Social Networking as a Means of Newsgathering

The Journalist’s Guide to Facebook

Leah Betancourt, from the Star Tribune in Minneapolis, blogs about how reporters have successfully used Facebook to facilitate the newsgathering process, from discovering new leads to connecting with potential sources. Betancourt reminds readers that with such an interconnected arena comes ethical concerns, just as in any other medium.

In Betancourt’s eyes, “Facebook gives reporters a means to connect with communities involved with stories, find sources, and generate leads. For media companies, Facebook is a way to build community and reach a larger audience.”

She notes how both CNN.com and The New York Times used Facebook to engage the public in conversation during the 2008 election while spreading their brand.

She compares the development of a social networking presence to working a beat. It takes time to build a community of contacts, but it’s well worth it in the end. Her post also discusses the questions that sprout up when an organization forms social media ethics policies.

Finally, Betancourt includes a list of Facebook tips for reporters given by J.D. Lasica, founder and editorial director of Socialmedia.biz:

1. Be human. You’re not a detached observer, but a participant who need to share and give back instead of just taking.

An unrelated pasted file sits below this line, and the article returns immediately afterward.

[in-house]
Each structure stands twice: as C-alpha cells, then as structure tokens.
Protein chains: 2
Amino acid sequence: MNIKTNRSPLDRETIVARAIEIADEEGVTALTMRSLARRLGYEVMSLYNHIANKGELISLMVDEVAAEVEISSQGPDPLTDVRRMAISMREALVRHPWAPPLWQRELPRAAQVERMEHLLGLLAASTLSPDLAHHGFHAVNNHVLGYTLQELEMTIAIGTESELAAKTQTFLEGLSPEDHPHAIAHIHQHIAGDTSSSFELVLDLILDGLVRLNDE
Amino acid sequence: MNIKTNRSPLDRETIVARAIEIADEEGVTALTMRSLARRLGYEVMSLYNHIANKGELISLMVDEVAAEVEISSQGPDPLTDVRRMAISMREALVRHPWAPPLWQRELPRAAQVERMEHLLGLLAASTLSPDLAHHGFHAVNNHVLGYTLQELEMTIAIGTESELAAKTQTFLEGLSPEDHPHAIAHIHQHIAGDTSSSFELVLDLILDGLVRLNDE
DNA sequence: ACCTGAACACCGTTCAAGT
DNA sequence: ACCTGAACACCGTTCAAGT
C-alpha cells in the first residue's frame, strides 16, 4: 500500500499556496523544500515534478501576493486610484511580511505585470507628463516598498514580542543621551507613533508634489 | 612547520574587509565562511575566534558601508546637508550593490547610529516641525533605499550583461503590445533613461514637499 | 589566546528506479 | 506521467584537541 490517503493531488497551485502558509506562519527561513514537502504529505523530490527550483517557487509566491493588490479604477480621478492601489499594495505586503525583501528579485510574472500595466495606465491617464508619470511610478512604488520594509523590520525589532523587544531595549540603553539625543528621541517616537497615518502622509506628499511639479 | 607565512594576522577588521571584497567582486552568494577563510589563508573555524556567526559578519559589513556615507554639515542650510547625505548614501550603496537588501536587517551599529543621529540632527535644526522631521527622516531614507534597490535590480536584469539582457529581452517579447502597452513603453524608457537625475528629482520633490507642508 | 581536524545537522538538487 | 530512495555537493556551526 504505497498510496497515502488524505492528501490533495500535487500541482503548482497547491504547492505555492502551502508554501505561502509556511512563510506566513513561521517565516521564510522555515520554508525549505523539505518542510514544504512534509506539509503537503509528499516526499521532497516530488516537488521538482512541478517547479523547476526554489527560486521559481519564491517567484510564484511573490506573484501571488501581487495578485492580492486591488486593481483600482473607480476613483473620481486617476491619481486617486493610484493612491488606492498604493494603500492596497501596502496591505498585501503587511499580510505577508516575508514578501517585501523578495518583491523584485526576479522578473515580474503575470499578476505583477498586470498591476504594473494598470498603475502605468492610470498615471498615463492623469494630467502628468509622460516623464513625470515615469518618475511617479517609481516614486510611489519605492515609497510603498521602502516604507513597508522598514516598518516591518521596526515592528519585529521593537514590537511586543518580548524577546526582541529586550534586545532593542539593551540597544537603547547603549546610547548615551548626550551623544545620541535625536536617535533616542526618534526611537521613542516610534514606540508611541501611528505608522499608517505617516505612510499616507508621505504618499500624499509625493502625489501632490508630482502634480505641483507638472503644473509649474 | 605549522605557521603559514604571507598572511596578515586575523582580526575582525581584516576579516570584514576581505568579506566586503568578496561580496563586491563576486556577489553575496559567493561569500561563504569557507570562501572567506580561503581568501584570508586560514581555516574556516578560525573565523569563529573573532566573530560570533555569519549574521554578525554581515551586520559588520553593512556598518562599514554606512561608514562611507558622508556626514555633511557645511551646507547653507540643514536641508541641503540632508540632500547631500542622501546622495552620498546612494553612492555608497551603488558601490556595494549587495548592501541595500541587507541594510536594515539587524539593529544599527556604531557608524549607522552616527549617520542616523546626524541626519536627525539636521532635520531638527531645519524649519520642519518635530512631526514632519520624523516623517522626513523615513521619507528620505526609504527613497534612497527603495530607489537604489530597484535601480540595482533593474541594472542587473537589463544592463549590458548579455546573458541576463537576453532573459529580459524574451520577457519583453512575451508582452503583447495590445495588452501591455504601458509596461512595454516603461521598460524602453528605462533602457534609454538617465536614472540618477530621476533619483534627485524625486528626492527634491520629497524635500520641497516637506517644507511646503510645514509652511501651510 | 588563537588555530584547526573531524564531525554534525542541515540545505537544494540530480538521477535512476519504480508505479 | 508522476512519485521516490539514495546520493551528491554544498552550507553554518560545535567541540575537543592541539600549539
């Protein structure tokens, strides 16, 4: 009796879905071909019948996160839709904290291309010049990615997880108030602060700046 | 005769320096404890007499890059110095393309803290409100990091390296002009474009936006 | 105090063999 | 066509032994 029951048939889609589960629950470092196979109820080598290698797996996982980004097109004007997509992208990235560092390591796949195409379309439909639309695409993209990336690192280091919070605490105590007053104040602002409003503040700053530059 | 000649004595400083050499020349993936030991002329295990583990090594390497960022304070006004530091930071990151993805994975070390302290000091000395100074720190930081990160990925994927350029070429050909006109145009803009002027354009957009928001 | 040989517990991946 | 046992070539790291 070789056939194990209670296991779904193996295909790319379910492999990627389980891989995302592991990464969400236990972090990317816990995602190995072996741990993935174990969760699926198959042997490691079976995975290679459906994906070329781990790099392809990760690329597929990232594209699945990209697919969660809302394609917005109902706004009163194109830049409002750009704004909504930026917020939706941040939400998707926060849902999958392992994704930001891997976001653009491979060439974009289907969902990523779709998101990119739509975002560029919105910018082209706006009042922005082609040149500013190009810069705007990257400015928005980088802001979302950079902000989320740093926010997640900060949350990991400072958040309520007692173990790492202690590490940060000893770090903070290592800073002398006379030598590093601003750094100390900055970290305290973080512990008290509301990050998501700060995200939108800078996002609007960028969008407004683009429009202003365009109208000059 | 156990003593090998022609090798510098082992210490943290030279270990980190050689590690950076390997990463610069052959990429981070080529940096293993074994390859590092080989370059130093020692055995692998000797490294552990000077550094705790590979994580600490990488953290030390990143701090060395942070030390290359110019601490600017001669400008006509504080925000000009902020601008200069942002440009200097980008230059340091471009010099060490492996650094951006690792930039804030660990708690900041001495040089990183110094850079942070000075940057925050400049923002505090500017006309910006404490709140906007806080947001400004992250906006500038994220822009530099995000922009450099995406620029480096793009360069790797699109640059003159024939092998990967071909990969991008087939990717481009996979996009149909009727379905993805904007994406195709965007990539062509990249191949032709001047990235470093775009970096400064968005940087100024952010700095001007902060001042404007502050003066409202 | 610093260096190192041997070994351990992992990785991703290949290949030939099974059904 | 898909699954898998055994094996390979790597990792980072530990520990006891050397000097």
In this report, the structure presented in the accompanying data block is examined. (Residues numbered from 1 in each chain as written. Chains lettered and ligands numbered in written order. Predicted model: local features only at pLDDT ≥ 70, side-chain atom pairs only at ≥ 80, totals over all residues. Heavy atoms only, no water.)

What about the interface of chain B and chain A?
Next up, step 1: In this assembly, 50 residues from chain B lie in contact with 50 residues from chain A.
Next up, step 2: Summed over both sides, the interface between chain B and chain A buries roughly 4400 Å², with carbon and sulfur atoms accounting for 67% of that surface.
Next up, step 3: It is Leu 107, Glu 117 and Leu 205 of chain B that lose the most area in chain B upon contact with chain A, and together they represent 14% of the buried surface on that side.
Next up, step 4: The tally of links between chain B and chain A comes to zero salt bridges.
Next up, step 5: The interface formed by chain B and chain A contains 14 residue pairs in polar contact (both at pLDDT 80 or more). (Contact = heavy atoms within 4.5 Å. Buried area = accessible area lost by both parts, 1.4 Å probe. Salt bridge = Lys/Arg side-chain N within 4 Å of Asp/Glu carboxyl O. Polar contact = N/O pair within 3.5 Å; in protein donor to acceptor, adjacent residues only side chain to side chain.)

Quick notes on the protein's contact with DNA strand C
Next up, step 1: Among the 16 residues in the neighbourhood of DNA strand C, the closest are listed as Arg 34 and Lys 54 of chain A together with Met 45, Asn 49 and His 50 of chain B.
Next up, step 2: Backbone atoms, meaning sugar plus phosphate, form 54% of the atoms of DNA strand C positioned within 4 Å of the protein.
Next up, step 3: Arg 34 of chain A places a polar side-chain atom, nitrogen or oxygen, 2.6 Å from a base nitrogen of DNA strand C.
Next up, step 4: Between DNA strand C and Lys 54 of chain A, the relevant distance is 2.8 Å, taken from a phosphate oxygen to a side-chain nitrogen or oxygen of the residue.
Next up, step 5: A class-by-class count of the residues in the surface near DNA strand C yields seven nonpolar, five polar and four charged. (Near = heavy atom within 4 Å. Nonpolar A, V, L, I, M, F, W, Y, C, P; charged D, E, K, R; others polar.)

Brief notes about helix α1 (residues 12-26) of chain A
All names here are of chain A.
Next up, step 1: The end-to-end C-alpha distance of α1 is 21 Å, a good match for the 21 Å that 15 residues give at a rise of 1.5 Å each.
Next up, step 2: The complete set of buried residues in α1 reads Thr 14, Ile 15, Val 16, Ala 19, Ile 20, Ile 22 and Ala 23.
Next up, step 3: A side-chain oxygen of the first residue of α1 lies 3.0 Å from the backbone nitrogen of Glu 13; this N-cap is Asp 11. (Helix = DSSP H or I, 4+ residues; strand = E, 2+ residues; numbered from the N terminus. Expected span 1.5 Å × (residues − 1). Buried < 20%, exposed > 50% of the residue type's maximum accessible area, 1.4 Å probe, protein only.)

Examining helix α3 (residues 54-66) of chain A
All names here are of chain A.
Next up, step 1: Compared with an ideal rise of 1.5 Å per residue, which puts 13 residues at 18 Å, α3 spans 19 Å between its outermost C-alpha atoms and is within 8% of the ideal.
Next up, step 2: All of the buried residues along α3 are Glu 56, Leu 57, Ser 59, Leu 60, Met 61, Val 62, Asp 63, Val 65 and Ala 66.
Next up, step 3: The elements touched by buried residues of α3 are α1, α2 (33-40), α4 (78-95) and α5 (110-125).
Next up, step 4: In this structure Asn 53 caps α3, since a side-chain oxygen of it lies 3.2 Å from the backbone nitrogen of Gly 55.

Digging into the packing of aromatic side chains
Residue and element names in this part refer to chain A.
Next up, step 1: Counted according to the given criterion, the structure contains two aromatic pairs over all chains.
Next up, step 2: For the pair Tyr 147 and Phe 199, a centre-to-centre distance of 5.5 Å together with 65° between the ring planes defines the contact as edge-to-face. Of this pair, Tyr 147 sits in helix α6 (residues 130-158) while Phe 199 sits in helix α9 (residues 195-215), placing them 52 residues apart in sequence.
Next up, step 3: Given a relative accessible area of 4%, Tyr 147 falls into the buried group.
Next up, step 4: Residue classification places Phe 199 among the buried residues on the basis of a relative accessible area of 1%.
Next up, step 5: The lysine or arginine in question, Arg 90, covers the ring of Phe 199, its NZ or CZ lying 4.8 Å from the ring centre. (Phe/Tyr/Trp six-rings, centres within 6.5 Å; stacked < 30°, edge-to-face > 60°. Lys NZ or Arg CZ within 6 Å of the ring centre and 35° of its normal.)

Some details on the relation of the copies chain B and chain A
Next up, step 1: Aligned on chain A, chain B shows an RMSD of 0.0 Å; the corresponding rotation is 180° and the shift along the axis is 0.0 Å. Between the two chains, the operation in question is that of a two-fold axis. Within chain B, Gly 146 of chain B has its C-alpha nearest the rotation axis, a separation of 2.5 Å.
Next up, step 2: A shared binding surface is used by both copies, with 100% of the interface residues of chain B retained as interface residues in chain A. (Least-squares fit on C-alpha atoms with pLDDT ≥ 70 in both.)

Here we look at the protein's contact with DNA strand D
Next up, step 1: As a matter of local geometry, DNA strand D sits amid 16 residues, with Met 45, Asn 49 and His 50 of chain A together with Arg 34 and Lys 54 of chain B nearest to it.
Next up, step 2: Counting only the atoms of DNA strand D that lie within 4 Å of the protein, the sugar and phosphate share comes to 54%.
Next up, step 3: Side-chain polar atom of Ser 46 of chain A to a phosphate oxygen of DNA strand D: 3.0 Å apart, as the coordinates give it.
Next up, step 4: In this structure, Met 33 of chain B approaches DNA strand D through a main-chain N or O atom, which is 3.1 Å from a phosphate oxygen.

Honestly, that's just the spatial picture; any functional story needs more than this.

2. If you’re using Facebook just to publicize stories you’ve written, you’re using it wrong.

3. Remember that Facebook is about sharing, not about broadcasting.

4. It’s all about karma. The community won’t share with you unless you’ve shared (your experiences, your thoughts, your passions) with them.

RSS + Social Media = “Passive-Aggressive Newsgathering”
Paul Bradshaw from Birmingham City University’s (UK) School of Media, made a post in 2008 that continues to serve as a crash course in social networking and RSS components and offers a display of tools available to the budding online journalist. He describes the new wave of online journalism as having two components: the “passive” news aggregating half, and the “active” social networking half.

He recommends that journalists subscribe to feeds of keywords in their area on bookmarking sites like Digg. Though such sites aren’t exactly social networking, Bradshaw suggests looking at who else has bookmarked a particular site, who bookmarked it first (and is therefore potentially the quickest source).

He notes Facebook is a decent tool, but also recommends journalists to go further and find networking sites tailored to a particular beat (such as LinkedIn for professional sources). The list is extensive and provides tips and suggestions for each item.

An article by Josh Catone on Mashable helped me understand how social networking tools are being used for newsgathering. NPR’s online presence is across the board in Facebook, Twitter, blogs, mobile applications, etc.

“…But NPR has embraced social media in more ways than just having an active presence on top social media channels. They’ve also put social media to work for them. In October of 2008, for example, NPR asked listeners to factcheck the US Vice Presidential debates and communicate findings via a Twitter hashtag. And in February, NPR’s social media strategist (@acarvintalked about Twitter on air, including hundreds people tweeting back comments in the conversation.”


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